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History of Political Economy 32.2 (2000) 347-379

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On the Spread of an Idea:
The Strange Case of Mr. Harrod and the Multiplier

Daniele Besomi *

Some scientific ideas are accepted immediately, others take years to be recognized or even need to be rediscovered; occasionally, they are never integrated into the mainstream at all. Then there are the strange cases of ideas that are overlooked even when conditions seem most favorable for prompt understanding and acceptance. This article discusses the difficult diffusion of one new idea, the investment multiplier, a concept whose significance was initially unapparent to Roy Harrod (1900-1978). The multiplier itself was troublesome: Ralph Hawtrey, [End Page 347] for instance, provided an early formulation but overlooked its implications (Dimand 1997), and Keynes and Richard Kahn themselves needed almost two years to fully appreciate its significance.

Harrod's case, however, is even more puzzling. An intelligent reader, eager to understand the developments in the Keynesian field, he kept in regular contact with Keynes and his Cambridge followers. In 1932 Harrod had grasped the analytical properties of Kahn's employment multiplier and was ready to apply it to foreign trade in the first edition of his book, International Economics (1933b). In 1933 he read Keynes's articles on the multiplier principle, and in 1934 he and Kahn exchanged intense correspondence on its premises and main implications. However, unable to understand what was taking place, Harrod remained ignorant of the doctrine of effective demand until he read Keynes's General Theory in proofs during the summer of 1935.

The case of Harrod and the multiplier is interesting for two reasons. First, it provides an example of the lack of automatism in the diffusion and acceptance of scientific concepts and of the necessity that the recipient and proposer of an idea actively connect it to the intellectual tradition of the discipline. Second, the publication of the Harrod-Keynes correspondence on the proofs of Keynes's General Theory seems to suggest that Harrod must have played a role at an earlier stage as a discussant of Keynes's ideas (see, e.g., Black 1997, 89). In reality, Harrod was out of touch with events and could call himself a "convert" only in October 1935 (Harrod to Robertson, 7 October; Harrod to Kaldor, 10 October). What prevented Harrod from applying the multiplier principle to investment, despite his ability to transfer the concept from employment to foreign trade and the benefit of Kahn's advice and guidance?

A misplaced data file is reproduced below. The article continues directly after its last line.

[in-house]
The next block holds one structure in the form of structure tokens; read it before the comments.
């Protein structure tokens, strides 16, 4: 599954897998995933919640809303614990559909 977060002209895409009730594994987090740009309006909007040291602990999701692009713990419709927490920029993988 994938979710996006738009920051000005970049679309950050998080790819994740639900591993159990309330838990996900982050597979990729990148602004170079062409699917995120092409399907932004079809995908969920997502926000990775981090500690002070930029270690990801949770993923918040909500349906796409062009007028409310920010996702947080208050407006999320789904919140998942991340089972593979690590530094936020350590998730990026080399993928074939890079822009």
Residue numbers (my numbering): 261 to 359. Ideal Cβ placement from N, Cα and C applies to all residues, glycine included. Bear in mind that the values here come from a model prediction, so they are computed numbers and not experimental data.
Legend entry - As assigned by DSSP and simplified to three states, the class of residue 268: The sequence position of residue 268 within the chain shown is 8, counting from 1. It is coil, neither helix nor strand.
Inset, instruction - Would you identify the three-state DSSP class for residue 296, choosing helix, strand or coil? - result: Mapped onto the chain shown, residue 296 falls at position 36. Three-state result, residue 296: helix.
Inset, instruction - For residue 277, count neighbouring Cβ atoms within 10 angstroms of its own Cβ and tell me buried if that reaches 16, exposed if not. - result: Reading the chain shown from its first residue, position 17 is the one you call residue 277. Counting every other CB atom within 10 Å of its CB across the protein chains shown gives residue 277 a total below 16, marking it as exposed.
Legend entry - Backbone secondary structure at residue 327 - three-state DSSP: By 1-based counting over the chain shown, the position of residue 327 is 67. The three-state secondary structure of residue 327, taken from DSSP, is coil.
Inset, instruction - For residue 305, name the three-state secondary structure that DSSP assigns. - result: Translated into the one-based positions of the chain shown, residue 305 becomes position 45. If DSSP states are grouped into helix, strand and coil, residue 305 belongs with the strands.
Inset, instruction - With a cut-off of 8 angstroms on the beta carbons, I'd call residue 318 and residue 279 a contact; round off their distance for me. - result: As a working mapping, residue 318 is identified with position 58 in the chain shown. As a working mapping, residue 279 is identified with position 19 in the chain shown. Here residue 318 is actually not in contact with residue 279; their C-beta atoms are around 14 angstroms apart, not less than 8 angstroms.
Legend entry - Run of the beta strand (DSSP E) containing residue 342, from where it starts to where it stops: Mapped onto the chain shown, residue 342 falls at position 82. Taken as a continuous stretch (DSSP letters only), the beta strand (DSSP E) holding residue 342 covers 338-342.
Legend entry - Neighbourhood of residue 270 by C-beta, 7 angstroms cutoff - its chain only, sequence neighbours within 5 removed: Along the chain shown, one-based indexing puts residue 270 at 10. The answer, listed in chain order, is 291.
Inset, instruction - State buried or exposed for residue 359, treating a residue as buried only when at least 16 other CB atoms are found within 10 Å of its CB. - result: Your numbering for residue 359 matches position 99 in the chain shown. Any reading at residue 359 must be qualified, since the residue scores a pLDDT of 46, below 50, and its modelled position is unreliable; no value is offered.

To establish the chronology necessary for my interpretation, I outline in section 1 the progress of the relevant ideas on the Keynesian front. Next, I examine the origin and early development of Harrod's foreign trade multiplier; in section 3 I show that the analogy between this notion and Keynes's investment multiplier is very strict. In the following section, I illustrate the evolution of Harrod's approach to the saving-investment relationship, from his understanding of saving as a condition for accumulation in 1934 to the interpretation of the multiplier process that he integrated in his trade cycle theory in 1936. The relevant steps of this transition were "tutorials" by Kahn in autumn 1934, followed by an attempt to argue with Gottfried Haberler in terms of the equality of saving and investment, and finally by the reading of [End Page 348] the General Theory, which was published in 1936. This intricate part of the story would be hard to believe if not buttressed by ample evidence; therefore, I examine in detail private correspondence. I conclude by suggesting that Harrod's difficulties originated from his failure to appreciate the premise of Keynes's reasoning, and I show how the process of understanding the Keynesian multiplier passed through the interpretation of the General Theory as a complete reorganization of the relationships between economic magnitudes.

1. The Background

Harrod developed his foreign trade multiplier and later learned of Keynes's investment multiplier in the context of two debates: on saving and investment, and on the development of the doctrine of effective demand...


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pp. 347-379
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